Commission pushes to slightly reduce redevelopment area
SOUTH LAKE TAHOE, Calif. – The South Lake Tahoe Planning Commission recommended to shrink a proposed redevelopment area centered at the “Y” on Friday, but only by six parcels.
Earlier this month, the city council directed staff to examine the removal of a section of proposed Redevelopment Area No. 2 between the Upper Truckee River and Al Tahoe Boulevard.
City Councilman Jerry Birdwell made the motion, saying it could help alleviate concerns from the South Tahoe Public Utility District and El Dorado County regarding the proposed redevelopment area.
Changing the area’s boundaries required staff to go back to the planning commission for a recommendation.
And on Friday, planning commissioners said they felt the area along Highway 50 between the Upper Truckee River and Al Tahoe Boulevard was too in need of redevelopment to leave out.
“If you drive through there, it probably has more needs than there are above Al Tahoe,” Commissioner Joy Curry said.
Commission Chair Michael Berg agreed.
“I’m personally not comfortable reducing the size of this redevelopment area,” Berg said.
The commission unanimously approved a recommendation to the city council that six parcels along Winnemucca Avenue, five under county jurisdiction and one under the city’s, be removed from the proposed redevelopment area.
Removing the five county parcels was a necessary recommendation because the parcels are not under city jurisdiction and were mistakenly included in the redevelopment area, said Eugene Palazzo, Director of the South Tahoe Redevelopment Agency.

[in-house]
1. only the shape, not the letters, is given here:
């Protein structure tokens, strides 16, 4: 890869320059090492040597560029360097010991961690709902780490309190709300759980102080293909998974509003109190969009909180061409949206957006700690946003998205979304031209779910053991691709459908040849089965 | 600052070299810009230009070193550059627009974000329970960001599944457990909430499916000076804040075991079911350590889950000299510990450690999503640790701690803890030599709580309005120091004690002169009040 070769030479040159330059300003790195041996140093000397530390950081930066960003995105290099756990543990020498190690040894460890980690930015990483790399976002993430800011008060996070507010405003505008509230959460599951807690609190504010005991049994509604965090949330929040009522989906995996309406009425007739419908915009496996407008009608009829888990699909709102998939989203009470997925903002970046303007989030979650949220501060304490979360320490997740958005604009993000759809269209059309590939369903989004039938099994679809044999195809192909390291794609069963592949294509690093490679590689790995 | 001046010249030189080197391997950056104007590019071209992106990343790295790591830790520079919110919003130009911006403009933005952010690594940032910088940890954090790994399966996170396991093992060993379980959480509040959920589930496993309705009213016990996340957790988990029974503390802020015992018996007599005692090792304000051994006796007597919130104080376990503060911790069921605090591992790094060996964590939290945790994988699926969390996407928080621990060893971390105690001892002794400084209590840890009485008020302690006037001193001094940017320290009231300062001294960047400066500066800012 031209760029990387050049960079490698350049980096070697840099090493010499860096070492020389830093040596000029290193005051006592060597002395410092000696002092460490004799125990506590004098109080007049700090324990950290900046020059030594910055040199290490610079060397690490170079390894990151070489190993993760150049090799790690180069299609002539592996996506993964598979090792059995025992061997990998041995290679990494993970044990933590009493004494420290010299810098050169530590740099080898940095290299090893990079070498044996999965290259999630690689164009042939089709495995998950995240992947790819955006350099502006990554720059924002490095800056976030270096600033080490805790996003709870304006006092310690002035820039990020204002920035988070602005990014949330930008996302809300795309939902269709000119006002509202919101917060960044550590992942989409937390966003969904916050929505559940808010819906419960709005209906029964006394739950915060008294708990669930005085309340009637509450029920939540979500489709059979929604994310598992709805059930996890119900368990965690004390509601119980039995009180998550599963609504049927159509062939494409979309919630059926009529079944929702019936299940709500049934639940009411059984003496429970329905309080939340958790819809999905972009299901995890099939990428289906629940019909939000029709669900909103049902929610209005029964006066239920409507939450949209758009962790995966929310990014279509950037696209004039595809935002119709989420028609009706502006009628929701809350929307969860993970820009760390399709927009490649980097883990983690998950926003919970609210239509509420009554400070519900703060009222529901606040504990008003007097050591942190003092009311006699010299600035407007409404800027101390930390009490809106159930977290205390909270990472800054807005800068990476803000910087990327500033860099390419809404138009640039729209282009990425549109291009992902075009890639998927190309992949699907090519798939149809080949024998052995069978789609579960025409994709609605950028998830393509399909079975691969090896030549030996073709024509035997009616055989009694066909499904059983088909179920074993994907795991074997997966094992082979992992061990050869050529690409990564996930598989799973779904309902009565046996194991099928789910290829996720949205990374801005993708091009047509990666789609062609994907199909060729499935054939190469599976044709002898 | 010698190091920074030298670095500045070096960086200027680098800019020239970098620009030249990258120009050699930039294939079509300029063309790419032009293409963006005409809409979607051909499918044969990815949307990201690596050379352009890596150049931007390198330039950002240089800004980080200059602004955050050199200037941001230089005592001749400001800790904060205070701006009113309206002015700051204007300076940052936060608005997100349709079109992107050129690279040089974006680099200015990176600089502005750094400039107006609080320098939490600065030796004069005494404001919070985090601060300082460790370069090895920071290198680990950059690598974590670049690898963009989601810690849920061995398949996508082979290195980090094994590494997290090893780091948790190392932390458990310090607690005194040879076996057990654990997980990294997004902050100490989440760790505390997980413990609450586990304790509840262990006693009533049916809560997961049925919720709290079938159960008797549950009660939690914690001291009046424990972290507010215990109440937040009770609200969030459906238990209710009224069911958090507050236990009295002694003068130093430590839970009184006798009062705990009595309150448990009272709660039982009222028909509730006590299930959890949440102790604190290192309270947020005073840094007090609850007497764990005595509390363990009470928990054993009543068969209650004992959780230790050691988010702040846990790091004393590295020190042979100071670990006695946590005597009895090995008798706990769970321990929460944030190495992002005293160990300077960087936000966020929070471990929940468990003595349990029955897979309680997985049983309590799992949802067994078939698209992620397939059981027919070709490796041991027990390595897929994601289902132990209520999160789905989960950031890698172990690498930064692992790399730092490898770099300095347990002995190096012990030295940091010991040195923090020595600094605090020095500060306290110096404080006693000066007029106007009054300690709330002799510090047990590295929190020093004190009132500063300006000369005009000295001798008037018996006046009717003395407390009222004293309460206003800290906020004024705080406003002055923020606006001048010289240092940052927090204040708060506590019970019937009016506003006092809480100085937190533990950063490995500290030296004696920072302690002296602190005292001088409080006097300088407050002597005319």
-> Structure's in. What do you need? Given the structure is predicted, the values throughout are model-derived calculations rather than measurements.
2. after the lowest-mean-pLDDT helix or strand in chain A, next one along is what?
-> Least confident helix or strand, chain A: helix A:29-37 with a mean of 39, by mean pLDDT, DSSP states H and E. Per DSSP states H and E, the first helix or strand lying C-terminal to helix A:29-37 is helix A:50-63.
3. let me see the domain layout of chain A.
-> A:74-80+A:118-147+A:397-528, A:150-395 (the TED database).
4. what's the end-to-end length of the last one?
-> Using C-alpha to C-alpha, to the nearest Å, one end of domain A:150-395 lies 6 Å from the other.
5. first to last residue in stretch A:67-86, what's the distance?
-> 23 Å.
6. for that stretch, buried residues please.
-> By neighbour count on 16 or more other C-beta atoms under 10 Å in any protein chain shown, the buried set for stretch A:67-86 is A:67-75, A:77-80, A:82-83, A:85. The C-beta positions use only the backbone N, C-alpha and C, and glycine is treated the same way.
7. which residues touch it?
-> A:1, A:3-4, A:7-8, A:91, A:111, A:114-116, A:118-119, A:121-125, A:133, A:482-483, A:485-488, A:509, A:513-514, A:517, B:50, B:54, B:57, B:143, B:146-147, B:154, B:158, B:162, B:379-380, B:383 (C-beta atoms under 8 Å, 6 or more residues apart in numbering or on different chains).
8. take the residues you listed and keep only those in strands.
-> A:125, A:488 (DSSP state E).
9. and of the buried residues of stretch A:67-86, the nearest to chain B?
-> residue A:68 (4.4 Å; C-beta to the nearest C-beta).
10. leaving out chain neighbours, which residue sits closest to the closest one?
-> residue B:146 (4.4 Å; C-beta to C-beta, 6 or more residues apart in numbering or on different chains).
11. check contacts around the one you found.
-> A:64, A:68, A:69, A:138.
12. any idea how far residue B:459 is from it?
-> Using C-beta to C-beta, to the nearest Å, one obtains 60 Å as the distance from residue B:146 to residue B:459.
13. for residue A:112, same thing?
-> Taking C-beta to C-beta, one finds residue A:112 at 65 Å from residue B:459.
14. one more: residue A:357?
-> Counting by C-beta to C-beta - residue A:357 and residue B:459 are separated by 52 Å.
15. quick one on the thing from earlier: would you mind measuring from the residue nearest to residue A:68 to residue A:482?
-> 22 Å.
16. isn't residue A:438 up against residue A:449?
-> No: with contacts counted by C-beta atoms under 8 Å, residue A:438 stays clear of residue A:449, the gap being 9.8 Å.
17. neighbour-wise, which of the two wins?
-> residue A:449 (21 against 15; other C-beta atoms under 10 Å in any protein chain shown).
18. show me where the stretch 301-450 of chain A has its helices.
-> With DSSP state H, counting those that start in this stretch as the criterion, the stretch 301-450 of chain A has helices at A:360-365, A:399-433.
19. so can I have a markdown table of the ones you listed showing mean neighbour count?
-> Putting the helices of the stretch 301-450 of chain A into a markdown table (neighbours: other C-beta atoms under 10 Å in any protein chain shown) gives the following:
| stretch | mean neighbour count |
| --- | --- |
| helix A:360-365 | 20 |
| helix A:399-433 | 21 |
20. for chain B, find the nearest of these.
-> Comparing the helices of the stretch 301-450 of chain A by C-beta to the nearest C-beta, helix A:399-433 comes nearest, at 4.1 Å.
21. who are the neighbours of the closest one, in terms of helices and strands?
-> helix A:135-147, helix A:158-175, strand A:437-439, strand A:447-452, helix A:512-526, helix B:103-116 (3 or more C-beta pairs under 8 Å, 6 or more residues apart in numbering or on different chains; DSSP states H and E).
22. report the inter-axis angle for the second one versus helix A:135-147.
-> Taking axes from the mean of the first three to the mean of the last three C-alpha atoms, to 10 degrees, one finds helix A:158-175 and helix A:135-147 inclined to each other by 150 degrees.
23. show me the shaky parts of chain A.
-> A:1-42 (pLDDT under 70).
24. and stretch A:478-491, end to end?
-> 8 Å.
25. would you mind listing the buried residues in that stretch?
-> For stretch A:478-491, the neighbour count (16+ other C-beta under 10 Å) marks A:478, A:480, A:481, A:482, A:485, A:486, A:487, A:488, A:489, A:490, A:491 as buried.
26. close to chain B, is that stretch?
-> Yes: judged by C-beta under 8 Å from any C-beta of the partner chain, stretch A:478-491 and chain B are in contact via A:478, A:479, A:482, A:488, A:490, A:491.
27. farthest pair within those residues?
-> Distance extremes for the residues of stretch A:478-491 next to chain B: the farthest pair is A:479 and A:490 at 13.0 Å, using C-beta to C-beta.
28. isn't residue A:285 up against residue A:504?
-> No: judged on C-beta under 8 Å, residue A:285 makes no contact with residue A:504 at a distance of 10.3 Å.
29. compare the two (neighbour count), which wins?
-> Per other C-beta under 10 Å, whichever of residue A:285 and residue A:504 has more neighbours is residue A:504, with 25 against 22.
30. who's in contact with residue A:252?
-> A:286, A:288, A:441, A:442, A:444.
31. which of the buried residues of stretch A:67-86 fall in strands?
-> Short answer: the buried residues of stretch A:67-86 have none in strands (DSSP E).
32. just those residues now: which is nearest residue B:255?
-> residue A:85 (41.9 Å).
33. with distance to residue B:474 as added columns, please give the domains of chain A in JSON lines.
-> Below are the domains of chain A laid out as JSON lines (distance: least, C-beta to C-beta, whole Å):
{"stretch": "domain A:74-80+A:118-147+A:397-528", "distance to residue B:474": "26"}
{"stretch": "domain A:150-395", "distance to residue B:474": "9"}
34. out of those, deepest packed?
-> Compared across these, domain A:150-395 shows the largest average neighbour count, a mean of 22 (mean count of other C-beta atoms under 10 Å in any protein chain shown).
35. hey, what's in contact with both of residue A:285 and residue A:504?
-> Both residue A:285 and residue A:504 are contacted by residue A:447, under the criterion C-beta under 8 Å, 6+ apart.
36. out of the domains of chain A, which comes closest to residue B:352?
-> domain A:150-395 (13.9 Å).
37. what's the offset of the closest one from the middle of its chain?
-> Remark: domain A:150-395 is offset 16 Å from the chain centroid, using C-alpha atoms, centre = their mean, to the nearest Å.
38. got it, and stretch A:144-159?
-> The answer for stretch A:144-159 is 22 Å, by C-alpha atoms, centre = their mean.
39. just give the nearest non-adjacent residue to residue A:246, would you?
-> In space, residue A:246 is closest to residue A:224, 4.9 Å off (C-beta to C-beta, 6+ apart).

The one parcel under the city’s jurisdiction recommended for removal would become a redevelopment island if the city council approves removal of the five county parcels.
Also at Friday’s meeting, commissioners took aim at South Tahoe Public Utility District and El Dorado County.
Both entities have said they could lose revenue if the redevelopment area is not as successful in promoting economic growth as proponents predict.
Concerns from the public utility district are “very selfish,” Curry said.
Commissioner Geraldine Grego said she was unsympathetic to the concerns of the county because of their approval of the Red Hawk Casino in Shingle Springs, which opened in December 2008.
“I don’t see that they were very concerned when they approved the Indian casino,” Grego said.
She said the approval “devastated our economy.”
Whether the city council will follow the commission’s recommendation will be discussed during the council’s May 4 meeting.
The meeting starts at 9 a.m. Discussion on and possible approval of the proposed redevelopment area is schedule for 10 a.m. The council meets at Lake Tahoe Airport at 1901 Airport Road.
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